The Kickstarter Phenomenon: Democratic Capitalism
As almost every aspect of our society becomes interconnected and evolved, it would only make sense that commerce evolves as well. Kickstarter is a manifestation of the new global economy, fulfilling the role of an accessible platform for anyone to spread a movement. The company, which was created in 2009, now serves as the world’s largest crowdfunding platform. Upon the launch of the program, one of the members of the board, Andy Baio stated; “The model is simple: a project creator sets a fundraising goal, deadline, and an optional set of rewards for backers. If the goal’s reached by the deadline, then everyone’s charged via Amazon Payments and the backers get their goodies. If the goal’s not reached, nobody’s charged. It’s all or nothing.” As of this year, Kickstarter has pledged $920 million total dollars to Kickstarter projects and successfully funded 53,681 projects. One of the reasons it has been so popular is the community it creates. People are empowered to be a part of something they feel passionately enough to donate money to.
While an inspiring outlet for every young entrepreneur, some have become skeptical about the company’s evolution. The first successful project was titled “Drawing for Dollars”. The artist “darkpony” states “I like drawing pictures and then I color them too. So i thought I would suggest something for me to draw and then if someone wants me to draw it then they can put in some pennies and then I’ll draw it and color it.” The idea is simple, with the intention to be an accessible way to reach out to people willing to contribute. (Drawing for dollars art below)
Of course, the benefits of Kickstarter have become apparent to more than just “Joe Schmo” in his living room drawing pictures. A recent article went viral with the title, “Thanks to Kickstarter, Zach Braff Finally Has Millions of Dollars”. Many celebrities and higher profile entrepreneurs are taking advantage of the system and raising an obscene amount of money, despite the fact they have the means to lean on more traditional forms of donation. While some argue that this deters the smaller projects from presenting their work, others claim that it forms a trickle down effect, and that everyone benefits. In my opinion, I believe the latter of the two is true. With the amount of ways to create exposure, there is no excuse to be shadowed by larger undertakings. Looking at Kickstarter’s “most funded page since 2009” the projects featured are truly remarkable, and it is amazing that their efforts could be realized. Some projects reach beyond the realm of art and creativity and also raise questions for political activism. One very dynamic endeavor that stands out would be Ai Weiwei: Never Sorry by Alison Klayman. The documentary follows the Chinese artist and activist, Ai Weiwei, and his unfair treatment by the Chinese government. Klayman’s goal for the project was $20,000, and she managed to raise $52,175. It just goes to show the power of the internet when people are exposed to meaningful content.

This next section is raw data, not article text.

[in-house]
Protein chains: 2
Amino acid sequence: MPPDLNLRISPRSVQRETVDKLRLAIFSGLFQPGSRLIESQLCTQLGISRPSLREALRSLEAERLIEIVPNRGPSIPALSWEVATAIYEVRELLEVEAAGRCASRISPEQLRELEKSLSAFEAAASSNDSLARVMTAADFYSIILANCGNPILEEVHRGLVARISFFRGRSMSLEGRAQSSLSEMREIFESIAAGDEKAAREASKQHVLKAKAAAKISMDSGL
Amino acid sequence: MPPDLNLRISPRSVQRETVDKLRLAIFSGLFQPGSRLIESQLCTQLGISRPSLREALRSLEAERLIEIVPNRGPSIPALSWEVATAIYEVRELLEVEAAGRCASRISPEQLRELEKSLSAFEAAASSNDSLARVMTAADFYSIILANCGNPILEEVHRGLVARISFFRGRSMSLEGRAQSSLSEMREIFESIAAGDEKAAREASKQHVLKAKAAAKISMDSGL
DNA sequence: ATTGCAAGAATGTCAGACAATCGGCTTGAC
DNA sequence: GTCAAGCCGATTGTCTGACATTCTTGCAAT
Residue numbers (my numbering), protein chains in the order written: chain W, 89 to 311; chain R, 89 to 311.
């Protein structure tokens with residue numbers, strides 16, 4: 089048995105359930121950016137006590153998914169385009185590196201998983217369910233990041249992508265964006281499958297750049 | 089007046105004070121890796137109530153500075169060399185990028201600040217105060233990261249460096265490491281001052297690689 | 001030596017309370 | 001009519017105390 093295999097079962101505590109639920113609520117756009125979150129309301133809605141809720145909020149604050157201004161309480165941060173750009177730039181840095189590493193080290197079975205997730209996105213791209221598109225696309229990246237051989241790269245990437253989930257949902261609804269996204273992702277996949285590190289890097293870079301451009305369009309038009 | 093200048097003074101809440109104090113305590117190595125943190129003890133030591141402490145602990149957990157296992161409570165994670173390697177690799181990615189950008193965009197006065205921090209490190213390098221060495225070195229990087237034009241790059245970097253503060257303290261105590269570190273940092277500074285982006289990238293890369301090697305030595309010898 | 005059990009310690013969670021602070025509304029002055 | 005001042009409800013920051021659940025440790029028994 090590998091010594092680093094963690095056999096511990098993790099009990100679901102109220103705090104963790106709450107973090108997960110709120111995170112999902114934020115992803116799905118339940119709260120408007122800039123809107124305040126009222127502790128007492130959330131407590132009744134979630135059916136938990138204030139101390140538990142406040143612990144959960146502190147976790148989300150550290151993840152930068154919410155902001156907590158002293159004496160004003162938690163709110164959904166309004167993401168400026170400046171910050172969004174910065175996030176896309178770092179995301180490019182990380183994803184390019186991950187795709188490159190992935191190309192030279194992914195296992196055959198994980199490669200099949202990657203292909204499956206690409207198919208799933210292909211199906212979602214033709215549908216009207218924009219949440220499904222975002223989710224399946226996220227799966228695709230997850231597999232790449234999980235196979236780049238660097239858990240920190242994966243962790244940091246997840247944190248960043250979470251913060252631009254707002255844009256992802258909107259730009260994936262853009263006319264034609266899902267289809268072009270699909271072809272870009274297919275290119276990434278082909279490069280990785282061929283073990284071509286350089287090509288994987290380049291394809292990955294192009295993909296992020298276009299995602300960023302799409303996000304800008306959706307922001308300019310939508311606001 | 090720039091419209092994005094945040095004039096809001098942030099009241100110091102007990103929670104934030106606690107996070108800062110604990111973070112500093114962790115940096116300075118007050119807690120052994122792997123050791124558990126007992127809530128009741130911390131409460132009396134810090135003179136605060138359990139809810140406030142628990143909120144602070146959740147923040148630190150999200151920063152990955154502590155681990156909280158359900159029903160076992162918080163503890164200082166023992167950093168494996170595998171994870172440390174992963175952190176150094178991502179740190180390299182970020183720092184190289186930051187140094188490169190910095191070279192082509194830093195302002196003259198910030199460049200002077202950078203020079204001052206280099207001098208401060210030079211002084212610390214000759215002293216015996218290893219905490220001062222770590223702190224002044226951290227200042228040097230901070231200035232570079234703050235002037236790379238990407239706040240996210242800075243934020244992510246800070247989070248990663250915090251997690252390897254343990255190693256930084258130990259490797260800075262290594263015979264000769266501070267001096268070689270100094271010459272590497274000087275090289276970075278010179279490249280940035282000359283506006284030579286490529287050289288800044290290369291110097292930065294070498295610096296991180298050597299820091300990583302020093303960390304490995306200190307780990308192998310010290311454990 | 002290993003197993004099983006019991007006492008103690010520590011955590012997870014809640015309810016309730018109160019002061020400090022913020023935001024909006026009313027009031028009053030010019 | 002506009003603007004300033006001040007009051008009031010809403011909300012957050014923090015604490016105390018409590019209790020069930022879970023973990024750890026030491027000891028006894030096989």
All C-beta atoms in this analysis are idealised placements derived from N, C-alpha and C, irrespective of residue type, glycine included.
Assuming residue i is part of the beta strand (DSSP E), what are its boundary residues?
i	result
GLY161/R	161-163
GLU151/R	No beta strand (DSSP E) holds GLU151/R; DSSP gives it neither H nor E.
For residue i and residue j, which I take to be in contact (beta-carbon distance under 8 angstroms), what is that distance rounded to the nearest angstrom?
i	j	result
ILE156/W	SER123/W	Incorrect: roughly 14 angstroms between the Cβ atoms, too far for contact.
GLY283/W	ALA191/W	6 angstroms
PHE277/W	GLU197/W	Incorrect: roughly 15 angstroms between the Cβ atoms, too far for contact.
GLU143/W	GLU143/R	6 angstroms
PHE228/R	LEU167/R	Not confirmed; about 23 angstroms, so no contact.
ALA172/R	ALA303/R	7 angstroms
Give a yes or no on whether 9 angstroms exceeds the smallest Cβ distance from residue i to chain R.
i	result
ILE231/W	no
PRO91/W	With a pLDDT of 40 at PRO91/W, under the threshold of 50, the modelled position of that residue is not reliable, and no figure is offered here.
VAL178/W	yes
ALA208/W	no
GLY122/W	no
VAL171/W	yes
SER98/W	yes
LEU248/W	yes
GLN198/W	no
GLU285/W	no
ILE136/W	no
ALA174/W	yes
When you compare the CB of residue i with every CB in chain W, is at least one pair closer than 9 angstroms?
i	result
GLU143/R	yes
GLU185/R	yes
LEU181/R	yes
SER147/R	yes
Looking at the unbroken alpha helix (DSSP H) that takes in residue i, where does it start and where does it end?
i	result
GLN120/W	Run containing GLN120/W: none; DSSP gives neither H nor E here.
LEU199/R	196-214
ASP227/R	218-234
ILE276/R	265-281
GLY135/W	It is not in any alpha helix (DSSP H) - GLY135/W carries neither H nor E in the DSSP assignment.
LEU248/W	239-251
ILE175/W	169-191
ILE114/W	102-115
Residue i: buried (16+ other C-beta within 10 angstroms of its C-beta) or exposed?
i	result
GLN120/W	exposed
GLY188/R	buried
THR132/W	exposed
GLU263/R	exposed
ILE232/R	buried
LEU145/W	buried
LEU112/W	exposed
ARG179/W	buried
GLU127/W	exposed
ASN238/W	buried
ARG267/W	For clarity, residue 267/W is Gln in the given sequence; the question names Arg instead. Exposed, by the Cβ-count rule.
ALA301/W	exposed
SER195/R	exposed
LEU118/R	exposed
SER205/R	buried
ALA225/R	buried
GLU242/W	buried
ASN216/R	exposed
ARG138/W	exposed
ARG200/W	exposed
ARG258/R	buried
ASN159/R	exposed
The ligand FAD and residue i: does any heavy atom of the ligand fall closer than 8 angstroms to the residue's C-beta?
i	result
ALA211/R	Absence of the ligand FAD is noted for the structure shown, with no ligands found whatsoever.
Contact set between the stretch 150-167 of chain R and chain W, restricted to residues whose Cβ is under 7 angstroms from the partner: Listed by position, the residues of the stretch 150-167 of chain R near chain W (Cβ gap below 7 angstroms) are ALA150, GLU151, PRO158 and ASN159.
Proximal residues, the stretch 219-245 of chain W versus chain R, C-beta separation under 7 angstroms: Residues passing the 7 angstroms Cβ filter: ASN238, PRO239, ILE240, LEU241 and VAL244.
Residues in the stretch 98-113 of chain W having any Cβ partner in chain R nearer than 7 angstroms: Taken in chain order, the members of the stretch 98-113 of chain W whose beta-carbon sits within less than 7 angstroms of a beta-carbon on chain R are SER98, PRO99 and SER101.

Another great inspiration would be Amanda Palmer. She is an American musician who reached out to fans via Kickstarter in 2012 to help fund a new album. She broke the record at the time for most funds raised, reaching $1,192,793. A great article on Techdirt discussing Palmer’s success states; “It’s not about an “us vs. them” model — which is how the legacy industry players too frequently frame things. It’s about an inclusive model, where it’s about more than money. It’s about an emotional investment in the artist and the outcome. People don’t begrudge the success, because it’s not just Amanda’s success. It’s the success of everyone who supported her”. Palmer understood the landscape and how to speak to people through new media, which is why she achieved great things. To conclude, I’ve included a video below of Palmer sharing her story at TedTalks.
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